The hotel reopened on September 26, 1979, managed by Fairmont Hotels, as the Fairmont Hotel. The following year, Western International Hotels bought a 49-percent interest in the hotel and assumed management on November 15, 1980. They returned the hotel to its original name, Bellevue Stratford, and announced plans to construct a huge parking garage adjacent to the hotel. Two months later, Western International was itself renamed Westin Hotels, and the hotel was soon renamed The Westin Bellevue Stratford. By the mid-1980s, the hotel was struggling to fill its hundreds of rooms. Philadelphia had lower hotel occupancy rates than other major East Coast cities at the time, and a lengthy conflict between city and state officials over financing for a new convention center, which would eventually open in 1993, meant that demand for hotel rooms in Center City was even lower than expected. With an occupancy rate of 55 percent, far below the 65-70 percent necessary to break even, and having operated at a total cash loss of $25 million from 1979-1985, never once turning a profit since its restoration, the hotel's owners announced in January 1986 that it would close on February 2. A lawsuit by the union representing the hotel's 450+ employees over the short notice given to its members, resulted in an agreement to keep the hotel open until April 2, but with The Westin Bellevue Stratford's advance bookings transferred to other hotels as a result of the closure announcement, only two floors of guest rooms still in use, and only 10 to 15 guests a night in the enormous building by that point, the union accepted a settlement of $500,000 and a promise that the renovated hotel would remain a union shop and agreed to an earlier closing date. The Westin Bellevue Stratford closed on March 7, 1986.
The Rubin Company bought out Westin's stake in the hotel and again undertook extensive work on the building, at a cost of $100 million, designed by architects from RTKL Associates Inc. in Baltimore and the Vitetta Group-Studio Four of Philadelphia. The building's name was shortened to The Bellevue. The grand public areas on the ground floor were converted to 55,000 sq ft of retail space. A huge atrium was cut into the lobby and escalators were installed leading to an underground shopping area and food court. The parking garage adjacent to the hotel had a 70,000 sq ft fitness club built on top of it to serve the complex. The hotel rooms on floors 3 to 11 were converted into 280,000 sq ft of office space, entered through the original main entrance facing Broad Street, with the office portion opening on December 5, 1988.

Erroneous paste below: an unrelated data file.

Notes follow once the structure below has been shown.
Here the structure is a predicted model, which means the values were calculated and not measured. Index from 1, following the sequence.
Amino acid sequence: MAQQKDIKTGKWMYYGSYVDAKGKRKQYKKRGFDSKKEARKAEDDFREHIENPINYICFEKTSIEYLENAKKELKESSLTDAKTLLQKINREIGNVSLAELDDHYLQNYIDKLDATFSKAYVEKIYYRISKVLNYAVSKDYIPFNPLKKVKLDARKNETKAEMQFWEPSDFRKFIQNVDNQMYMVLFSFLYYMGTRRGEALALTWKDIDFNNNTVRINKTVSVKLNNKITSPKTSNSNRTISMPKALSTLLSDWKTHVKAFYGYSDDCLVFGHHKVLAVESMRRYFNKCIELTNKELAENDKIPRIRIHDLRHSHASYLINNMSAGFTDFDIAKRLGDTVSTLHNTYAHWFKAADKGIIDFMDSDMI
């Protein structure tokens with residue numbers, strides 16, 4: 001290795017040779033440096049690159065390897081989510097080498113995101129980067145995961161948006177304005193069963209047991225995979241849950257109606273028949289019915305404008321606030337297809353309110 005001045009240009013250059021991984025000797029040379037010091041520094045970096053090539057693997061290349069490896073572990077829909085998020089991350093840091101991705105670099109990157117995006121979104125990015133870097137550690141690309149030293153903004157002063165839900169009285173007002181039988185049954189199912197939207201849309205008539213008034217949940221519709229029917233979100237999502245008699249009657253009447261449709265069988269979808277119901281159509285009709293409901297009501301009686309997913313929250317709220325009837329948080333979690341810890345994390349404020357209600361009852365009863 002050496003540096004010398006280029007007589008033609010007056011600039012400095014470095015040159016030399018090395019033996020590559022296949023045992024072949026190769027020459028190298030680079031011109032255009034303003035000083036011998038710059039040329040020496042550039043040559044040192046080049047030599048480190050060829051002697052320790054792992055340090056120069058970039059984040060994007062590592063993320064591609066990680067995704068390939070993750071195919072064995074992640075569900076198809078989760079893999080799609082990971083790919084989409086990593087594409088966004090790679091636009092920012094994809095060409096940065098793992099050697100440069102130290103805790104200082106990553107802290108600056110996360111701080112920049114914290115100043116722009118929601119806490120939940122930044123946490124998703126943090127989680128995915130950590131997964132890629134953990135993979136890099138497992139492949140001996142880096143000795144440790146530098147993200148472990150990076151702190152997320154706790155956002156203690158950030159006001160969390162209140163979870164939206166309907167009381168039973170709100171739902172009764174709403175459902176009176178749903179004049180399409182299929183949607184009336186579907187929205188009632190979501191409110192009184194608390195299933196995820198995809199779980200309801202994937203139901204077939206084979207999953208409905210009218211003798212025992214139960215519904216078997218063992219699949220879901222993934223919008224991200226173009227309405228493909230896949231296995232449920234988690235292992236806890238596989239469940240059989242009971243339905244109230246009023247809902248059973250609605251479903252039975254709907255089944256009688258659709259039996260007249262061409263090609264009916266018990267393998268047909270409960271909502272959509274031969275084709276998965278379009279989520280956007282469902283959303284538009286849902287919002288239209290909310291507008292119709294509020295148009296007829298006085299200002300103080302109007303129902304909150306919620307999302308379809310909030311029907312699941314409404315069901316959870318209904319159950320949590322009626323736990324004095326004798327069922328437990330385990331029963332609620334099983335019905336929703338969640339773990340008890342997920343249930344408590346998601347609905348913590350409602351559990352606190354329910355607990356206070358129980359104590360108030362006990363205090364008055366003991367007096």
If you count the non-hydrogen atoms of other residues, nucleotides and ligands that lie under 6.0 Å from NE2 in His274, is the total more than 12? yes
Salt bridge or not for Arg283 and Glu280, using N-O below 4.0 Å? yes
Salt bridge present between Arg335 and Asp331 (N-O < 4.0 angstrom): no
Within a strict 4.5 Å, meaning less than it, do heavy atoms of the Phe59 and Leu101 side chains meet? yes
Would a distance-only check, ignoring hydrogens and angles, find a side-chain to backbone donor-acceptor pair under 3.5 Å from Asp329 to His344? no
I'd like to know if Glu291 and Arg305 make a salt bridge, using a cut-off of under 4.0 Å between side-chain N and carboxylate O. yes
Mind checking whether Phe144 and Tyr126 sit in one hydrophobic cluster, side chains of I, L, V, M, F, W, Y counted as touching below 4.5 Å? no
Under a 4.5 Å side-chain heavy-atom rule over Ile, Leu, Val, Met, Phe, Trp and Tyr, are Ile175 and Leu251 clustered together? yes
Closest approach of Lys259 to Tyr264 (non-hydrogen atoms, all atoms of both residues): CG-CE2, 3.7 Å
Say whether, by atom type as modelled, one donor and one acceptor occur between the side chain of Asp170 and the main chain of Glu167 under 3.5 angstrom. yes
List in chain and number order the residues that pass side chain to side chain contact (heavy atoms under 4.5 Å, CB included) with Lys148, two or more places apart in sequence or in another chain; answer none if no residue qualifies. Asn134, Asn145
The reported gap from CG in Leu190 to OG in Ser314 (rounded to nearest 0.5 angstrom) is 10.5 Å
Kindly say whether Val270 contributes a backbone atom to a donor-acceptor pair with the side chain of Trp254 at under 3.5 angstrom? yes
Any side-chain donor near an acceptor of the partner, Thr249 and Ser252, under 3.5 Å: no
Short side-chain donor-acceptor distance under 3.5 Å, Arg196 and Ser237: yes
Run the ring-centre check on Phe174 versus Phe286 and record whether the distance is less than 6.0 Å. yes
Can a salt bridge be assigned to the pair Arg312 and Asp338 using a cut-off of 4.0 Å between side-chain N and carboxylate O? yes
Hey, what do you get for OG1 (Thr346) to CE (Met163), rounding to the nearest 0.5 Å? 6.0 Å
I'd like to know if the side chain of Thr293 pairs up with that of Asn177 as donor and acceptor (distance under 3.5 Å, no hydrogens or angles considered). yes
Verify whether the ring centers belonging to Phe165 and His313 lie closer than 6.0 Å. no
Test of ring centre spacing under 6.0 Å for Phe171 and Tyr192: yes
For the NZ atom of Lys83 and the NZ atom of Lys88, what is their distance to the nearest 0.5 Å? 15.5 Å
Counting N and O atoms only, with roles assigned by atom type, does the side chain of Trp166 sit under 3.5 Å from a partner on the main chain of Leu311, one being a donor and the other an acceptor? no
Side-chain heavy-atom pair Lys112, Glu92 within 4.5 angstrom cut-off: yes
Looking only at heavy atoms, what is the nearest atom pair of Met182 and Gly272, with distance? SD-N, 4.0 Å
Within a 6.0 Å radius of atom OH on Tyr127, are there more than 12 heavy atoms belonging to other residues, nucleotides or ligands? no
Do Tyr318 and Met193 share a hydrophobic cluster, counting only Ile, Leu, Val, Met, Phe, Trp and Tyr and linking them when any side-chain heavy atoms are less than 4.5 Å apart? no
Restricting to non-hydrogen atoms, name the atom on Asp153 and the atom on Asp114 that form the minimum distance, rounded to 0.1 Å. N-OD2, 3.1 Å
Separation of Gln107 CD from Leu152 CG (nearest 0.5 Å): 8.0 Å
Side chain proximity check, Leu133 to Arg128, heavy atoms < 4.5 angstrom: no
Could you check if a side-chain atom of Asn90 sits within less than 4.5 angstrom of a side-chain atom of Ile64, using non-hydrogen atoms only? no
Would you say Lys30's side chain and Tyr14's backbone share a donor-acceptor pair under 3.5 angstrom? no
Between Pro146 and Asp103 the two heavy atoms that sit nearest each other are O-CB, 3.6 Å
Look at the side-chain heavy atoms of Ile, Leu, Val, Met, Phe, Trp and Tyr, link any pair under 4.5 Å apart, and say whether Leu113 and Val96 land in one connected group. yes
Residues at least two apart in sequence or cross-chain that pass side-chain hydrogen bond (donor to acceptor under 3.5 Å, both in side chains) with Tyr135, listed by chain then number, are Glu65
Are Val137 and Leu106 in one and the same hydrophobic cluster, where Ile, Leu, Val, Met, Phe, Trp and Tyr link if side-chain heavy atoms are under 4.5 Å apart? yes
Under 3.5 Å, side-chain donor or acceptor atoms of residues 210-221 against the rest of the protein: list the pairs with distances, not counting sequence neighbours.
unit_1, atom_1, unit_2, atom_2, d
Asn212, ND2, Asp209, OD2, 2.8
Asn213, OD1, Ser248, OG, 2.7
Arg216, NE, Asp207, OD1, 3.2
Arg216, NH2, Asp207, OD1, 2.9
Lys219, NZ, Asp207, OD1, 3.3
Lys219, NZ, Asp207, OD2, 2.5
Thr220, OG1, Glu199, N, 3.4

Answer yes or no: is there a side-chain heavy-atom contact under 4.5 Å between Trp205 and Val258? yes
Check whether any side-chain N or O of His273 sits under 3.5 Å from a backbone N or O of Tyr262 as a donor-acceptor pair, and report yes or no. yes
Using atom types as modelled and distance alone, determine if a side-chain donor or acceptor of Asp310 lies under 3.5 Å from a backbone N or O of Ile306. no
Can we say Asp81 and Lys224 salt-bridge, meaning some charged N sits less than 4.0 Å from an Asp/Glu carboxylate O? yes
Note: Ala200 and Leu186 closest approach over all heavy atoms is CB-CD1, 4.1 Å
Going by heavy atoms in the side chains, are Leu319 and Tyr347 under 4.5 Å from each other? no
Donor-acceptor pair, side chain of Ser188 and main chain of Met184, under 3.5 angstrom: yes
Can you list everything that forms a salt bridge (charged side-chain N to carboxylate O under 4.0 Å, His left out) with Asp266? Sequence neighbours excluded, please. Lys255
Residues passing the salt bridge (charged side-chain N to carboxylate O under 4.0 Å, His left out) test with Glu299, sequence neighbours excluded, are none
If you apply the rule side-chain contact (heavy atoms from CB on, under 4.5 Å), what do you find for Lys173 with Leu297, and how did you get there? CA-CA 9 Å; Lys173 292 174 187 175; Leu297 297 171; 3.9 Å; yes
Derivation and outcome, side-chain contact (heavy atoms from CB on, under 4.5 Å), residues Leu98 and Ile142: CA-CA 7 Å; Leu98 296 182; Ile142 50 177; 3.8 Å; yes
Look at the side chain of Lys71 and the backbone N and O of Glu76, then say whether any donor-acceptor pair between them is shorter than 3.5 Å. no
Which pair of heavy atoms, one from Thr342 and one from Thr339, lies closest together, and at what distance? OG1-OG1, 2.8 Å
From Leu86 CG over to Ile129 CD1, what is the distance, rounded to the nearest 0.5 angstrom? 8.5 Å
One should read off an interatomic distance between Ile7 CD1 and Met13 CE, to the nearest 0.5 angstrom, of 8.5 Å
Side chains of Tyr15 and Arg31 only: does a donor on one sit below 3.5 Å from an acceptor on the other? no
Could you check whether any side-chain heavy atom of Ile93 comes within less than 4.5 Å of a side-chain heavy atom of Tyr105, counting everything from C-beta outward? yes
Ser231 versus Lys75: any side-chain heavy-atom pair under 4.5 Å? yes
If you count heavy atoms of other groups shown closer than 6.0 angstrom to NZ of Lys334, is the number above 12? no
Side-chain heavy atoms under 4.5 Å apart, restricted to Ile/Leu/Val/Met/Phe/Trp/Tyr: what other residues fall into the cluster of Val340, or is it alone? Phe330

The hotel portion was condensed to 170 guest rooms on floors 12-18. The hotel was entered through a small foyer on the ground floor facing Chancellor Court, with the lobby and public rooms on the remodeled 19th floor. The two domed ballrooms on that floor (the South and North Cameo rooms), were turned into the Ethel Barrymore Tea Room and a restaurant called Founders, with statues of Philadelphia fathers William Penn, Benjamin Franklin, David Rittenhouse, and Charles Wilson Peale. The middle wing of the E-shaped building was removed from the guest room floors 12 to 18, and the back side was sealed up, creating an atrium. The historic 19th-floor Rose Ballroom atop this middle wing was retained, however, standing on seven-story stilts which ran through the atrium.
The hotel portion reopened on April 1, 1989, as the Hotel Atop The Bellevue, managed under a 10-year lease by the Cunard Line, The hotel opened to protests by unionized former employees, because Cunard was not part of the agreement to rehire them and had not done so. Cunard's hotel division proved financially unsuccessful and soon folded. Cunard terminated its lease on the hotel on February 7, 1993. Interstate Hotels & Resorts of Pittsburgh assumed management in December 1994 and the hotel's name was shortened to match the whole multi-use complex, becoming The Bellevue. On December 1, 1996, Hyatt took over management of the hotel, placing it in their Park Hyatt boutique division and renaming it the Park Hyatt Philadelphia at the Bellevue. In 2007, the two restaurants and Founders bar were re-designed by Marguerite Rodgers as XIX (NINETEEN) Cafe, Bar and Restaurant. In 2009, all four balconies outside the cafe and restaurant were restored and opened to the public for the highest outside dining experience in the city. In 2010, the hotel was moved from the Park Hyatt to the Hyatt division and its name was shortened to Hyatt at The Bellevue. The hotel moved to The Unbound Collection division of Hyatt in March 2018, and was renamed The Bellevue Hotel.
In 1993, the city moved its convention center from West Philadelphia to Center City, sparking a boom in hotel occupancy for the Bellevue and other hostelries for a popular facility that subsequently benefited from a major expansion.